Putting life in perspective.
Stories of hope, inspiration, leadership, courage.
The Sunday Series (17): Hold Onto My Heart
It happens every day, though we frequently don’t notice, or are simply not aware. A light is kindled, another extinguished. One soul enters this world, another exits.
Light, life and Craig Wehrle, a perfect match. Craig grabbed onto life with both hands and gave it everything he had. Navy man, businessman, mason, sailor, hunter, father, grandfather, uncle, friend, soul mate. Gail Parker knows all about what made Craig Wehrle “dynamic, powerful and alive”, she spent two decades by his side. The two brought their respective families together in perfect harmony. Though Craig and Gail never married, it wasn’t because they didn’t want to.
Life just got in the way.
A visit to the podiatrist because of a blister on Craig’s toe led to a referral to a vascular doctor and eventually a neurologist. Tests run, results deciphered, the doctor said Craig had peripheral neuropathy, a condition which can distort and sometimes interrupt messages between the brain and the rest of the body. The doctor put Craig on steroids. A Band-Aid for what was ailing him, but the journey inside the journey of Craig’s life was now underway.
Gail & Craig
A tough man, a war veteran, Craig Wehrle served for the Navy in Vietnam. At one point, spending four solid months in a submarine. His experience taught him to love the water and when he left the Navy, he was ready to sail again. Craig bought a 32-foot Morgan (built by the legendary Charles Morgan), called Lulu, named after the cartoon character Little Lulu. For Craig and for Gail the open waters were magic. They both loved to sail and spent a tremendous amount of time with Lulu, riding her and working on her.
When the drop-foot started, the sailing started to subside. From experiencing trouble with his foot, to walking with a cane and then to a walker, Craig’s mobility was waning. Eventually Gail bought Craig a scooter chair so he could get around quickly, it was important, it was necessary, because besides his love of the water, Craig also loved something else…to work, to provide.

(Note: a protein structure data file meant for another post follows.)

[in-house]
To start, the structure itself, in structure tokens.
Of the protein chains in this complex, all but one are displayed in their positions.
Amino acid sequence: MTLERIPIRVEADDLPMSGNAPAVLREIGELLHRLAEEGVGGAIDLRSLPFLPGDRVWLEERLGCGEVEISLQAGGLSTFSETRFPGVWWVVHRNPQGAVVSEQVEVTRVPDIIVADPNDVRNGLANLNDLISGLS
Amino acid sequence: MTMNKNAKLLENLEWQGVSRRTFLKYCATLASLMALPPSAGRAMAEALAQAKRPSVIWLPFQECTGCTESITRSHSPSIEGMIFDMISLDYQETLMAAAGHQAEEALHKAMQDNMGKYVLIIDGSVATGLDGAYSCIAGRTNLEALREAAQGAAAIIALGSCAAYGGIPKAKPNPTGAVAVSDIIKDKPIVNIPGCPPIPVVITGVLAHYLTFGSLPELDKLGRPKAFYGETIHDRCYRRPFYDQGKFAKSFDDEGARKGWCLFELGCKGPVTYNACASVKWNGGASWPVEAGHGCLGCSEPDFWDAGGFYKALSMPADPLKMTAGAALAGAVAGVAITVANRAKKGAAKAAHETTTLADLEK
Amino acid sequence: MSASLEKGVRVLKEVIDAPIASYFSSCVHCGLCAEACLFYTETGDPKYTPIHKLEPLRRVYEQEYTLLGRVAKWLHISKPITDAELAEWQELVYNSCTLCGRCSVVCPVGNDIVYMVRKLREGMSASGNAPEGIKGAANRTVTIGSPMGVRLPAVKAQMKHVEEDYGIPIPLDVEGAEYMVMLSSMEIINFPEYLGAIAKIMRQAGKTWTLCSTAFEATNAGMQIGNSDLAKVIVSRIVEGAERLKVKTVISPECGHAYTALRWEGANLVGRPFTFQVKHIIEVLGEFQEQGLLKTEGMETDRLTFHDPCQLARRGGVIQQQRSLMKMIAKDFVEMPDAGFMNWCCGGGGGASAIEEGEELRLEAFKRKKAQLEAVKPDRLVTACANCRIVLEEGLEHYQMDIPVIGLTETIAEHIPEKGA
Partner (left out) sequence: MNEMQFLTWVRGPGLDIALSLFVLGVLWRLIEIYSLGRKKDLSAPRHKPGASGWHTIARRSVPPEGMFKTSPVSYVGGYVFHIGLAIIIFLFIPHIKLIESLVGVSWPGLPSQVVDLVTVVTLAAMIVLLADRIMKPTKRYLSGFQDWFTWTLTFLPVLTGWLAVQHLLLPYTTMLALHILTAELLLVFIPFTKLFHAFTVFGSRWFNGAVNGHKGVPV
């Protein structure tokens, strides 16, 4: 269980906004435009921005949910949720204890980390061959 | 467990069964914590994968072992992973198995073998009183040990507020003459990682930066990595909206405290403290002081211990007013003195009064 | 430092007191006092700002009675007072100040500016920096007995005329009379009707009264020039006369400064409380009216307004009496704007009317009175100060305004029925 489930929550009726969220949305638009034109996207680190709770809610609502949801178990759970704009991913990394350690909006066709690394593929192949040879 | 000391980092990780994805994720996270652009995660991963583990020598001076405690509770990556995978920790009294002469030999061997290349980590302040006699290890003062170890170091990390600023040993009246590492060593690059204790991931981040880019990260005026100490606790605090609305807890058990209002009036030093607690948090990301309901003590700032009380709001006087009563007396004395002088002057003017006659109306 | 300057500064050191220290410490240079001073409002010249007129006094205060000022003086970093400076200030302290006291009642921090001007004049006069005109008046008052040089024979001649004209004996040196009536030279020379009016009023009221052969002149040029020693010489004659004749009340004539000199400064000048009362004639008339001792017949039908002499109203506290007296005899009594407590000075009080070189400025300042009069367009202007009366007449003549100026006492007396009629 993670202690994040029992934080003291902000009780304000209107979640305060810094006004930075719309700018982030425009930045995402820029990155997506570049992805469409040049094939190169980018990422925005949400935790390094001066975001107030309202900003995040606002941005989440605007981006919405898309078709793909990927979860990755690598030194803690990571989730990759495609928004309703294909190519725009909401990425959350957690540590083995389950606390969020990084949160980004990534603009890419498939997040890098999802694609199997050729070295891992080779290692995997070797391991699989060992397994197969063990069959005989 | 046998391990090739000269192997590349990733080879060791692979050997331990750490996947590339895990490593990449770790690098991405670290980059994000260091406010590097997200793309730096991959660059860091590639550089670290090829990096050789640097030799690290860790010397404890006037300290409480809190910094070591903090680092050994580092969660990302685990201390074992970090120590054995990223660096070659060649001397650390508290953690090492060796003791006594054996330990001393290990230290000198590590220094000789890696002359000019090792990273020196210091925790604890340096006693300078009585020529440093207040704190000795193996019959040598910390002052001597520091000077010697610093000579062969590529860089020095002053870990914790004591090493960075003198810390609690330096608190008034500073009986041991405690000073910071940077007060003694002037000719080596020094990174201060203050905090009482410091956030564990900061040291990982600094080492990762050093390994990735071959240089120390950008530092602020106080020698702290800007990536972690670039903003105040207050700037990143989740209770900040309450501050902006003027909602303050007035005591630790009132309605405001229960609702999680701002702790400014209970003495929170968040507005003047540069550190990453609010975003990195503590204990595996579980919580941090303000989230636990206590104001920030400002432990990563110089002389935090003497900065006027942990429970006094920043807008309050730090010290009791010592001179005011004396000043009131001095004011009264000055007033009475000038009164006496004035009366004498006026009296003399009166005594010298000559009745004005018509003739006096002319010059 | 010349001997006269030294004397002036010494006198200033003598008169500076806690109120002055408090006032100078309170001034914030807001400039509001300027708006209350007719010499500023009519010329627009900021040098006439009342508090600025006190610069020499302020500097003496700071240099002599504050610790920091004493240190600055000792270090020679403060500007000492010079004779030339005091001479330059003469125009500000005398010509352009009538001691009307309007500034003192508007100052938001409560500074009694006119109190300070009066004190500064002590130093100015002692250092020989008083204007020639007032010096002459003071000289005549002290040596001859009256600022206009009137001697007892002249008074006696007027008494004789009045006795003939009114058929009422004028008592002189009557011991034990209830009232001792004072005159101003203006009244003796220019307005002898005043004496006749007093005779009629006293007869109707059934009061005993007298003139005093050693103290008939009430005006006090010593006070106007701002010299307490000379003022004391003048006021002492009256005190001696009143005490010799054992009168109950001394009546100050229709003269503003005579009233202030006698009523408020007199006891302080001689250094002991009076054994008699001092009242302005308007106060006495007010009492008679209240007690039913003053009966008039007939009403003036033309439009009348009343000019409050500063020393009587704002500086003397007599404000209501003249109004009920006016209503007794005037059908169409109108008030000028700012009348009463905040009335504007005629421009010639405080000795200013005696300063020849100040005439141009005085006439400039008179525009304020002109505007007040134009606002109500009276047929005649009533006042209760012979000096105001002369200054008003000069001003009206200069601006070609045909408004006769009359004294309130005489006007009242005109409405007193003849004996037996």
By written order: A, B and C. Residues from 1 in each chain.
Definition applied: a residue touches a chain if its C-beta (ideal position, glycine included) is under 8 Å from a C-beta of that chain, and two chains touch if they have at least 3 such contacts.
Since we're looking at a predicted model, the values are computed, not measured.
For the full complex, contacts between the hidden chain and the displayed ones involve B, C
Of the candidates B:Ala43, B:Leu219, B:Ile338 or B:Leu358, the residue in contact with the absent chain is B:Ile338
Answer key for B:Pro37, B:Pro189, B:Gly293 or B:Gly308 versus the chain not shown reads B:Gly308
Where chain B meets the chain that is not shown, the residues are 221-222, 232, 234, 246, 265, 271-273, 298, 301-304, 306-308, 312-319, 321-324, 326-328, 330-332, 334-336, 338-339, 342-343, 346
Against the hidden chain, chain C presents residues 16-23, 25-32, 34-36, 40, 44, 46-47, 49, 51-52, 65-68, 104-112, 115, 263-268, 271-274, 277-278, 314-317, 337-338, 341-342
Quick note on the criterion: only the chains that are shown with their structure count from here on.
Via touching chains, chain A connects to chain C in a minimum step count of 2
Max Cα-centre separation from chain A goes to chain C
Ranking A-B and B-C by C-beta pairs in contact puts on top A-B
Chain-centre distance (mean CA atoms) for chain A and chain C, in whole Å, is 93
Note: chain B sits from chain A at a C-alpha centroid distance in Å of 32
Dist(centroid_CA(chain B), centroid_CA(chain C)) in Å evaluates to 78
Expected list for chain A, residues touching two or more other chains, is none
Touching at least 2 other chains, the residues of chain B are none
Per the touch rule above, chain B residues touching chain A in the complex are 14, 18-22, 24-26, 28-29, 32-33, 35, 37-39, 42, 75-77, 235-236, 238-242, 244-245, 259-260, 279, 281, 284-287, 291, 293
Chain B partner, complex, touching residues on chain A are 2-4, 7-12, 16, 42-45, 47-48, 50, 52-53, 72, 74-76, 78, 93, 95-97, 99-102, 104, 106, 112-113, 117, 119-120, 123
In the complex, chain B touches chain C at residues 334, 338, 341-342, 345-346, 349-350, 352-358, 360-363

A mechanical engineer by trade, Craig ran his own business then sold it and went into property management, eventually managing a 33-story high-rise, the Penthouse Condominium in Towson, Maryland. The position was not for the weak of heart, nor for someone without stamina, because dealing with more than 300 affluent condo owners, Craig rarely sat still. It wasn’t part of his DNA anyway, he loved not only to sail, but to hunt and to be part of the Masons fraternity. Craig was the Grand Master of his lodge, Liberty 219 Grand Lodge of Mason. For those who might not know, the main principles of Freemasonry insist that each member show tolerance, respect and kindness in his actions toward others; practices charity and care for the community as a whole; and strives to achieve high moral standards in his own personal life. The Masons, their mission, the opportunity to care and give back fit Craig to a tee.
Liberty #219, Grand Lodge of Mason
What didn’t fit with Gail was what was happening to Craig. A man so mobile, so agile, so strong, now had trouble even climbing the stairs. The doctors Craig was working with to battle their diagnosis of neuropathy, said they were having success using chemotherapy as a treatment. Gail and Craig were planning to take a trip, they had purchased the airline tickets, ready to go to overseas to Italy, and to get married. But the couple, searching for a ray of light, hoping to improve Craig’s lot in life, canceled the trip and decided to give chemo a try. The first round of chemotherapy, every Friday for ten weeks, brought what the couple believed to be a glimmer of hope, some feeling, some tingling in Craig’s left leg. But not much more. The second round of chemo beat him down. Gail says Craig couldn’t do much more than sleep and still find a way to get to work.
Gail says watching Craig simply get to his car in the morning was tough enough. “A man who was so agile, a sailor, if you saw the things he did on the sailboat, handle the lines, climb up and down the mast and now he was having a hard time just walking to his car. It broke my heart.” Gail decided what the doctors were doing wasn’t working and she was going to take action. Talking with Gail Parker, you can tell she’s a woman of action.